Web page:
The Boeing board of directors has elected Dennis A. Muilenburg the company's 10th CEO, succeeding W. James (Jim) McNerney, Jr., who held the position for the past decade.
Muilenburg, who has served as Boeing president and chief operating officer since 2013, will take his position of president and CEO on July 1.
To ensure a smooth transition of his Boeing CEO responsibilities to Muilenburg, McNerney, who joined the company’s board of directors in 2001, will continue continues as its chairman and a Boeing employee until he retires at the end of February 2016.
McNerney will then continue advocating on issues important to Boeing’s US and global customers, partners and stakeholders, including ongoing Washington, D.C., engagement.
“Dennis is an extremely capable, experienced and respected leader with an immense passion for our company, our people, and our products and services,” said McNerney, who made priorities of succession planning and leadership development at the outset of his tenure.
“As CEO, Dennis will bring a rich combination of management skills, customer focus, business and engineering acumen, a can-do spirit and the will to win. With a deep appreciation of our past accomplishments, and the energy and skill to drive those to come, he is well suited to lead our very talented Boeing team into its second century,” he added.
Muilenburg, 51, is a 30-year company veteran. Along with Boeing Commercial Airplanes President and CEO Raymond L. Conner, he also has served since 2013 as company vice chairman. Conner, 60, remains in charge of the $60bn Commercial Airplanes unit and will serve as sole company vice chairman, where he will continue working closely with Muilenburg on key corporate processes and integrating cross-enterprise strategies and efficiencies.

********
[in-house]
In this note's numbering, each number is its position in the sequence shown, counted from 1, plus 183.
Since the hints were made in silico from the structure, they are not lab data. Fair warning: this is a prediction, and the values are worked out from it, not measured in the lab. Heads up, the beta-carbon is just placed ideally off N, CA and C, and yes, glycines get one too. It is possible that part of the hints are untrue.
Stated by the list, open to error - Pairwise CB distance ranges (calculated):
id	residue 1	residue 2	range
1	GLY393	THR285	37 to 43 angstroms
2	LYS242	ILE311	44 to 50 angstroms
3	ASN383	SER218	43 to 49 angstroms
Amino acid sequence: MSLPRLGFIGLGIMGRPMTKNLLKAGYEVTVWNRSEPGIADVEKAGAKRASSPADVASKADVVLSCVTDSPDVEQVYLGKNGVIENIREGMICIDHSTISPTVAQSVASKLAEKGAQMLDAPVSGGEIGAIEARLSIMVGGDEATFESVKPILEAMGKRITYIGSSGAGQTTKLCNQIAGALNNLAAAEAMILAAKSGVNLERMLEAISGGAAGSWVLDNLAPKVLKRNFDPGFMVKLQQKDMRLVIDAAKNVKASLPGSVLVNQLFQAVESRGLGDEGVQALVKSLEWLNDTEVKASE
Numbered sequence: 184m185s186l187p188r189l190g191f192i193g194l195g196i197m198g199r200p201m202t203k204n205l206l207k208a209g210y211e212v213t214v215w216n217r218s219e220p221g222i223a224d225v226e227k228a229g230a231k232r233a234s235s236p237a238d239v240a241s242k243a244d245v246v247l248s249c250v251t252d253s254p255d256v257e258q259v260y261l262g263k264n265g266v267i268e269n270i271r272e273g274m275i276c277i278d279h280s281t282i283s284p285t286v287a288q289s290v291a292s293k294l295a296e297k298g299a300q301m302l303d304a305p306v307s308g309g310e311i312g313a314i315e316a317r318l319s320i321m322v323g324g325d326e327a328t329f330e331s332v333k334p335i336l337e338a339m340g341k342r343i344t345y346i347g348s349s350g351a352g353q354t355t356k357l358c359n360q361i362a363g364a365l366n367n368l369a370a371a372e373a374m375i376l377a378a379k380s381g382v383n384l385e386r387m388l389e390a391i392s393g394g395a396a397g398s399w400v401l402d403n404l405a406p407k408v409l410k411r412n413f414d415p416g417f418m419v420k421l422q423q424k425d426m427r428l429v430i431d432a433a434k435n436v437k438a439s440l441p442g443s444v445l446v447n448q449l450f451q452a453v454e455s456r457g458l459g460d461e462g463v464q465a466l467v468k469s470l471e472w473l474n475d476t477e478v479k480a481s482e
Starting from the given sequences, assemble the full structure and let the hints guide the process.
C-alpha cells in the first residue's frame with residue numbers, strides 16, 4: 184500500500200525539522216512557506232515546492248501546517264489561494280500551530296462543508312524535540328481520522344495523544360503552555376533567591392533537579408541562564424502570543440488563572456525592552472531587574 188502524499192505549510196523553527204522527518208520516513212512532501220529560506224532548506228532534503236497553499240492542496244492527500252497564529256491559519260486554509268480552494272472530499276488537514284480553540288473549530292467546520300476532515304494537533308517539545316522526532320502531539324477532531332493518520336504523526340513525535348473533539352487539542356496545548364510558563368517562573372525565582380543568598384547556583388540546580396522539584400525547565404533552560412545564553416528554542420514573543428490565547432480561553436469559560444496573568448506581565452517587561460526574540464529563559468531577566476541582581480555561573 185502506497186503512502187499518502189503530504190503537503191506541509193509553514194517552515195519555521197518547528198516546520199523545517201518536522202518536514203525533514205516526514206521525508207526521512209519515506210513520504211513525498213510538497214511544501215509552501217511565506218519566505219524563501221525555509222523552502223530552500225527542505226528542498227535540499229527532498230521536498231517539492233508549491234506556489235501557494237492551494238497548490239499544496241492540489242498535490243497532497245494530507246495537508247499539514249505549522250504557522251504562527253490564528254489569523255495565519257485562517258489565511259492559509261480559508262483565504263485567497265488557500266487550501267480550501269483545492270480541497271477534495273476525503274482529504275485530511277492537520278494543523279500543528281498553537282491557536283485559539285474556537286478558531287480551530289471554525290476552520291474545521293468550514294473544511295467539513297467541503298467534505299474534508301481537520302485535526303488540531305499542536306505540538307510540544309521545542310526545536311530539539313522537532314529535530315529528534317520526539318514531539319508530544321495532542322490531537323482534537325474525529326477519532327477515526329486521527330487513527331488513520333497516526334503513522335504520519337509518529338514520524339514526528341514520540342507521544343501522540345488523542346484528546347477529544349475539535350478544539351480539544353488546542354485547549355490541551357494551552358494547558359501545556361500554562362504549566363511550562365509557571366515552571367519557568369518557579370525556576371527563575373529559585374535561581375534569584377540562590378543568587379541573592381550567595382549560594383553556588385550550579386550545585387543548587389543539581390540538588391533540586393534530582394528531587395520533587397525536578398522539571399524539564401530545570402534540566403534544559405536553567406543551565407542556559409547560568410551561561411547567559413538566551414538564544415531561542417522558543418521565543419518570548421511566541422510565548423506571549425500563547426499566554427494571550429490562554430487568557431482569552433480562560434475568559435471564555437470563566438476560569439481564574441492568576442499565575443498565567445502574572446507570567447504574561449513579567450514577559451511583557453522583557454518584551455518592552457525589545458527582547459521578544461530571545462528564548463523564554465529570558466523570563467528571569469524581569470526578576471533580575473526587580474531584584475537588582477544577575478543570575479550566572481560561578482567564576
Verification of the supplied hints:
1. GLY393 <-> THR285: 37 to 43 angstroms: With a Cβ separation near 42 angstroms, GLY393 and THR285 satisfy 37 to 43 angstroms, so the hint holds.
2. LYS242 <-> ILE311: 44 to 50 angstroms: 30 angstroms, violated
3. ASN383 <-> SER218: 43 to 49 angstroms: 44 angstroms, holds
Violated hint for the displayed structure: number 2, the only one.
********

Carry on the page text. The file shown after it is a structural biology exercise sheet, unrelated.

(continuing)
Muilenburg joined Boeing’s engineering ranks as an intern in Seattle in 1985. He earned a bachelor’s degree in aerospace engineering from Iowa State University and a master’s in aeronautics and astronautics from the University of Washington. He held numerous program management and engineering positions of increasing responsibility early in his career, including on the company’s High Speed Civil Transport, F-22, Airborne Laser and Condor reconnaissance aircraft.
“The opportunity to lead the people of Boeing in service to our commercial and government customers is a tremendous honor and responsibility,” said Muilenburg. “Our company is financially strong and well positioned in our markets. As we continue to drive the benefits of integrating our enterprise skills, capabilities and experience – what we call operating as ‘One Boeing’ – we will find new and better ways to engage and inspire employees, deliver innovation that drives customer success, and produce results to fuel future growth and prosperity for all our stakeholders.”
McNerney’s legacy at Boeing
McNerney, 65, was elected chairman, president and Boeing CEO in 2005.
During his tenure, the company recaptured the global lead in commercial airplane deliveries with steady increases in production and a comprehensive update of its product line; maintained a strong position in defense markets despite a downturn in US military spending; restored Boeing’s historic leadership in human spaceflight with major new program wins; and expanded its engineering and manufacturing footprint inside and outside the United States.
Also, with a relentless focus on internal productivity to fund investments in innovation and growth, Boeing’s financial performance steadily improved under McNerney, with revenue rising 73% to a record $90.8bn last year from $52.5bn in 2004, the year before he became CEO. Backlog and earnings per share tripled over the period, also to record levels.
From December 2005 until today, Boeing’s share price more than doubled from $69 to $142, although at the height of the Global Financial Crisis in March 2009, and amidst difficulties with the 787 programme, the share price receded to as low as $30.10.